One More in the Box for Obama

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Kathleen and I visited city hall in Menomonie last week and took advantage of Wisconsin’s early voter option. I was happy to cast a vote for Barack Obama, who I think is the best candidate for president in this campaign, and possibly in my lifetime.

He’s an eloquent speaker at a time when this country desperately needs one. It’s always frustrated me that the American people don’t seem to see that as a base qualification for President. What does any politician do but talk? Could we not agree that the very top politician in this country should be a fluent speaker, of at least one language? When our leader sits down with other world leaders behind closed doors, I want to know that he’s representing us well - not floundering with language like a high-school English drop-out. And that leads me to what I think is Obama’s other great strength - he’s an intellectual. For the last 8 years the folks in charge in this country have mocked intelligence and learning. That attitude has clearly brought us to a great place. So it’s time for a person of curiosity to step into the office. I want someone who believes in science, someone who chooses to learn all he can about issues. I think the Democratic ticket in this election represents those values. I appreciate that Obama is willing to speak to voters as if they’re intelligent. The rabid right seized on the Joe the Plumber conversation because of one phrase in the whole conversation. What I saw was a candidate that took 5 minutes to speak intelligently about the details of his policy to a voter who didn’t agree with him. I saw him be respectful, and not say “Well, this probably bores you”.

Second, I agree with the bulk of Obama’s policy positions. In particular I think his tech policies make a lot of sense. I’d like to see him stretch further on healthcare reform, but I think his plan is a good first step. I believe his tax policies are sane and sensible. Again, can we actually have a discussion about the details of policy decisions, instead of trying to stick a simplistic (and let’s face it, idiotic) label on it like “socialist”? Obama is clearly capable of having those discussions.

Regarding foreign policy, I think Obama not only has better policies, but the man believes that the U.S. should be engaged with the rest of the world, and not primarily in a military manner. He’s stated that it will be his policy to sit down and talk with any other nation in the world, without preconditions. This is a position for which he’s been roundly mocked and castigated by his opponent. I have yet to find anyone who can explain to me why talking is a bad thing. The only response I’ve ever heard is “Well, that will give them legitimacy.” Huh? As if actually BEING a nation isn’t legitimate? We may not like them, but simply refusing to even talk with another nation is lunacy. Conversation has to be the beginning. It’s absurd to say “We’ll never take military options off the table” and at the same time say “We’ll take many diplomatic options off the table.” That attitude, I believe, is one of the reasons so many people around the world despise our government.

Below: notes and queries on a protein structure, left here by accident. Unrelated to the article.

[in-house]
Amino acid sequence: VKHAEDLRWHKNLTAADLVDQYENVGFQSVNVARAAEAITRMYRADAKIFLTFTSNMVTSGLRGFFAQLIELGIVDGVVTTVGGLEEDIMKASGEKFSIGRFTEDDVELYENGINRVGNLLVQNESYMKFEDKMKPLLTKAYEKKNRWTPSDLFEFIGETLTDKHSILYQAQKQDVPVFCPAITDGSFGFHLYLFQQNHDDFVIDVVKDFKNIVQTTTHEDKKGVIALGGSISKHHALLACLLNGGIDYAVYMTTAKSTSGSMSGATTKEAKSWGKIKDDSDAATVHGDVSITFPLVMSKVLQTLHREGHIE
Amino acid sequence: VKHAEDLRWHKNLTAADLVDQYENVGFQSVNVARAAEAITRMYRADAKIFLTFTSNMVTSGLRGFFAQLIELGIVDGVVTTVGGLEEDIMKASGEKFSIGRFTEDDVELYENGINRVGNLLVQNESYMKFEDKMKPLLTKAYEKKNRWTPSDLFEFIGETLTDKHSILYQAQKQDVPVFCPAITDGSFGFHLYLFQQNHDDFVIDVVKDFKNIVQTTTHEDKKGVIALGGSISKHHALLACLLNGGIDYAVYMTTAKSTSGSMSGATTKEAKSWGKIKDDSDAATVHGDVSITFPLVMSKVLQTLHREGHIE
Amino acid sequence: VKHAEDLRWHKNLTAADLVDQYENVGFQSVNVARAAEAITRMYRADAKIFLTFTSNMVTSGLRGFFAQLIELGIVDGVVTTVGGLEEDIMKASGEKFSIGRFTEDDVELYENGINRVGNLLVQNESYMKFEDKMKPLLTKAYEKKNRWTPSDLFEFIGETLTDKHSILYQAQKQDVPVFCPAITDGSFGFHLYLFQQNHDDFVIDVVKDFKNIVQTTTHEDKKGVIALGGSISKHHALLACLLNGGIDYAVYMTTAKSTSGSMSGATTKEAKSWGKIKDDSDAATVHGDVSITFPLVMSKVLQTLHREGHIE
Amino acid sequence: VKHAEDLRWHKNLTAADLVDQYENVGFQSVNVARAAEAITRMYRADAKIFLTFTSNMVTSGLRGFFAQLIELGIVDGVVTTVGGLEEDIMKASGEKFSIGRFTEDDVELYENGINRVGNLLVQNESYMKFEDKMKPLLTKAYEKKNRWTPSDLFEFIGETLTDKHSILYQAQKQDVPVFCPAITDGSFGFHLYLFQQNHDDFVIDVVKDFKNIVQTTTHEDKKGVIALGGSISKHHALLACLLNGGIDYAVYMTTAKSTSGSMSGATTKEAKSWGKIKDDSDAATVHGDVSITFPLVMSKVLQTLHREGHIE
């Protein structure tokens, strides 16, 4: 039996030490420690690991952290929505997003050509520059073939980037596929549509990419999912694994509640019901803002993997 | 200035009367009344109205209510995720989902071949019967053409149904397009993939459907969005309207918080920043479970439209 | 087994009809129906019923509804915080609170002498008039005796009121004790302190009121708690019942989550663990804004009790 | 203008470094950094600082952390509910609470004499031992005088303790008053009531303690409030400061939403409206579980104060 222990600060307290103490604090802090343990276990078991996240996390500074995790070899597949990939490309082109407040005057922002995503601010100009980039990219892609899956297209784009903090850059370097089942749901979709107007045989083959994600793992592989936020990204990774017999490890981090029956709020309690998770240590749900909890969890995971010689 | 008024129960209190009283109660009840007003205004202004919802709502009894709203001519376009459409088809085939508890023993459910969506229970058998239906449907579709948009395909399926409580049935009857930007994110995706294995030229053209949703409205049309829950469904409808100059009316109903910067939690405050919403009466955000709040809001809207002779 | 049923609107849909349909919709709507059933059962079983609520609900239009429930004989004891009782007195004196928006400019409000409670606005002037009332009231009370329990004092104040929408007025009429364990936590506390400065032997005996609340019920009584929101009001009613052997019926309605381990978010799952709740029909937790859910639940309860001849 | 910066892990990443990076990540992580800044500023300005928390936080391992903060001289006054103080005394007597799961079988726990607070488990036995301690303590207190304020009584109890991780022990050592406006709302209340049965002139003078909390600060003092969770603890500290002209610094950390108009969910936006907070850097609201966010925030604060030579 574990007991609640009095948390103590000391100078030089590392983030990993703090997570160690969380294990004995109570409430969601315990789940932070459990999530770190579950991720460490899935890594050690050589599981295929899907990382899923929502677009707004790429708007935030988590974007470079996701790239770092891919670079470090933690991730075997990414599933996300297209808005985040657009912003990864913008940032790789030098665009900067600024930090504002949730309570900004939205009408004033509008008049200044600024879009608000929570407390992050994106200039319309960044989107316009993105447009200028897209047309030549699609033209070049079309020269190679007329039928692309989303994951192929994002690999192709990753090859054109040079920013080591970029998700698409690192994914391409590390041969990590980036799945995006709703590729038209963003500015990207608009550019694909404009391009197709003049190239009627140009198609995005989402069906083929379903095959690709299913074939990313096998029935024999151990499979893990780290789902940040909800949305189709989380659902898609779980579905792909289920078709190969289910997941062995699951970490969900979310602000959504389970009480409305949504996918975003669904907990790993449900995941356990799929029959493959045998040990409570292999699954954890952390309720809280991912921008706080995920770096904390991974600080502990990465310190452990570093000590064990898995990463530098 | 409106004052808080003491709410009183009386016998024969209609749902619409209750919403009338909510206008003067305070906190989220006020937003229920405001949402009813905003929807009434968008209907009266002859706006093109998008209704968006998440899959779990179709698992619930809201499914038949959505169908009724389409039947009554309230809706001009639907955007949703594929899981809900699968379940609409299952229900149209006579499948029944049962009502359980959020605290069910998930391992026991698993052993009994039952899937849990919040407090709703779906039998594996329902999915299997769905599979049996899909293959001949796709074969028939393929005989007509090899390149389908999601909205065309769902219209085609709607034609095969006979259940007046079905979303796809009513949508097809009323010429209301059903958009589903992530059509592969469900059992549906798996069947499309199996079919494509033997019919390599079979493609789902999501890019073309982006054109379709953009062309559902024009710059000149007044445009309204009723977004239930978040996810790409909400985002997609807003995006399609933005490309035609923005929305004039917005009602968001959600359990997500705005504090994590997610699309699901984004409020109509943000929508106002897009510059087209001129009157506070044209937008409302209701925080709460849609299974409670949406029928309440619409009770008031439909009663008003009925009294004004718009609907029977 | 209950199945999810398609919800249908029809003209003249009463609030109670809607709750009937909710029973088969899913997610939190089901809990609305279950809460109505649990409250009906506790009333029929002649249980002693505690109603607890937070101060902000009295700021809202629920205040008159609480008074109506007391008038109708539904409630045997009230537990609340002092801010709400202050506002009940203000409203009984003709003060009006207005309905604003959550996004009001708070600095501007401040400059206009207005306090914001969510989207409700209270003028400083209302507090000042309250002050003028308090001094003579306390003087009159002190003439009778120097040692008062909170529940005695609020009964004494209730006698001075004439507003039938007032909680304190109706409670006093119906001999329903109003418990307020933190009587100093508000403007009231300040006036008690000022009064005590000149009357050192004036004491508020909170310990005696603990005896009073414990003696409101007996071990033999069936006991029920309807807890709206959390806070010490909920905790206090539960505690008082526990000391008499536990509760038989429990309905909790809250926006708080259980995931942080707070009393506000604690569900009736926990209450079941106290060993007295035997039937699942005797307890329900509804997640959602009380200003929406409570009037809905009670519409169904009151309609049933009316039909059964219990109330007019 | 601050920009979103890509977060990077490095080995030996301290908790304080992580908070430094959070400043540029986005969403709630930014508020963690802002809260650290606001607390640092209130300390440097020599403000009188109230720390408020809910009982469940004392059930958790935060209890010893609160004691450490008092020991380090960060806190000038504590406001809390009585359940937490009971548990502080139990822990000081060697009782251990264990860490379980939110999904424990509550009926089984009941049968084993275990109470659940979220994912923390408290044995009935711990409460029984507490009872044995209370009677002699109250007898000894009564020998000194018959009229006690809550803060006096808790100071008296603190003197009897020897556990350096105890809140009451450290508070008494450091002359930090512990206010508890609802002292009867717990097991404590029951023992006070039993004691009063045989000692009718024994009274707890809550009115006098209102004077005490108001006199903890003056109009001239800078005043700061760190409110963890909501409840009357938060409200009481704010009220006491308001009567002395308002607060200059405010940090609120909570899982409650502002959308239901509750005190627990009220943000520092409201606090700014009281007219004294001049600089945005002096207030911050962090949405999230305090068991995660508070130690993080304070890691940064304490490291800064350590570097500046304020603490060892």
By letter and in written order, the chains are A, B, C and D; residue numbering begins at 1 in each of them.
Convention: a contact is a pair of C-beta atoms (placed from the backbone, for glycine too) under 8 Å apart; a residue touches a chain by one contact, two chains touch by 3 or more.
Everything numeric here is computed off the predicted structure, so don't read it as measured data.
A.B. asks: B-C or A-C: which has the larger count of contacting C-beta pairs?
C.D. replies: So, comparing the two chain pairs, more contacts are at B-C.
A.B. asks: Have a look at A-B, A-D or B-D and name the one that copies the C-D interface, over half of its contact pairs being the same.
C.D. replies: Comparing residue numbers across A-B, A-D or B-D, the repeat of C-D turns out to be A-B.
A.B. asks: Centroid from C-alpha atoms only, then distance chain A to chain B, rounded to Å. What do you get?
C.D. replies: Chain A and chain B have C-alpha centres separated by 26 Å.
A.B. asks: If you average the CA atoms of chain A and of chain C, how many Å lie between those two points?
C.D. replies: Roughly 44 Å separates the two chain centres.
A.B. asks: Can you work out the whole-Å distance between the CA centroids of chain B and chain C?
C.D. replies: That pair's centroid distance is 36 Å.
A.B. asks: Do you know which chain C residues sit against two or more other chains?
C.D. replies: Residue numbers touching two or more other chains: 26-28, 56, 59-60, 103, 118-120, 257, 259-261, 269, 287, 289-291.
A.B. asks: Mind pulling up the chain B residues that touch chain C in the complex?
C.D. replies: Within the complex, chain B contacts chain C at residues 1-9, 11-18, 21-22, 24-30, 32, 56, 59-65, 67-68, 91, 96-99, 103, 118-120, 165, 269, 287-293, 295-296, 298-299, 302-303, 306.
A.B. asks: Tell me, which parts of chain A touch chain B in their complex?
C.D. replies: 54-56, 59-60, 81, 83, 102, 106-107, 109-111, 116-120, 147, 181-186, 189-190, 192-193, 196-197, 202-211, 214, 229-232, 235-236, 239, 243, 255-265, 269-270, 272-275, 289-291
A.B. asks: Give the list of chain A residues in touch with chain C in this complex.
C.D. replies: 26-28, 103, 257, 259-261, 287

I believe Barack Obama will be a better manager of the operation of the executive branch. I believe this because I think Barack Obama has been a better manager of his campaign organization than his opponent. The Obama campaign has run like a well-oiled machine. They have been incredibly innovative in their use of the internet and information technology. They have reached out and raised funds from more contributors than any campaign in history. (I believe the number of people wanting to get involved is a good thing, but at the same time I wish it didn’t require so much money to run modern campaigns - that system needs to change.) Reaching back to Obama’s roots as a community organizer, the campaign has pushed a lot of decisions and power down to the local people working on the campaign. The campaign has provided an unprecedented level of leadership development and support to people, helping them to become more involved not only in the campaign but in their community as well. I’ve been in the position of someone I admire saying to me, “I believe you can be a good leader.” It seems a simple thing, but that kind of statement to a person can literally transform their life.

And finally, but by no means least importantly, I see Obama as a believer in hope. I’m sick to death of the leader of our country constantly spewing “The bogey man is coming to get you, the evil doers will kill us, we need to be afraid.” That’s not leadership, that’s cowardice and cynicism of the worst kind. You can call it corny, but Obama’s message is largely one of hope, belief that things can change for the better. He doesn’t use fear to convince people to follow him. That speaks to me, and I fervently wish that it spoke to a larger majority of my fellow citizens. Without that basic hope, things will NOT change. The President of our nation has a bully pulpit. He can, if he chooses, set the tone of public discourse. President Bush’s speech from the World Trade Center just after 911 is an example of that - he brought the country together. His further response to the crisis, “go shopping” and “they’re coming to get us”, are both good examples of that as well, in the negative sense. We now have a chance to change the public discourse in this country. The first step is electing a good leader. The second is believing things can change, and then pitching in to help. If we make the wrong choices or the right choices, we will deserve the results we get.

Go vote. And remember, that’s the start of the process, not the end of it.

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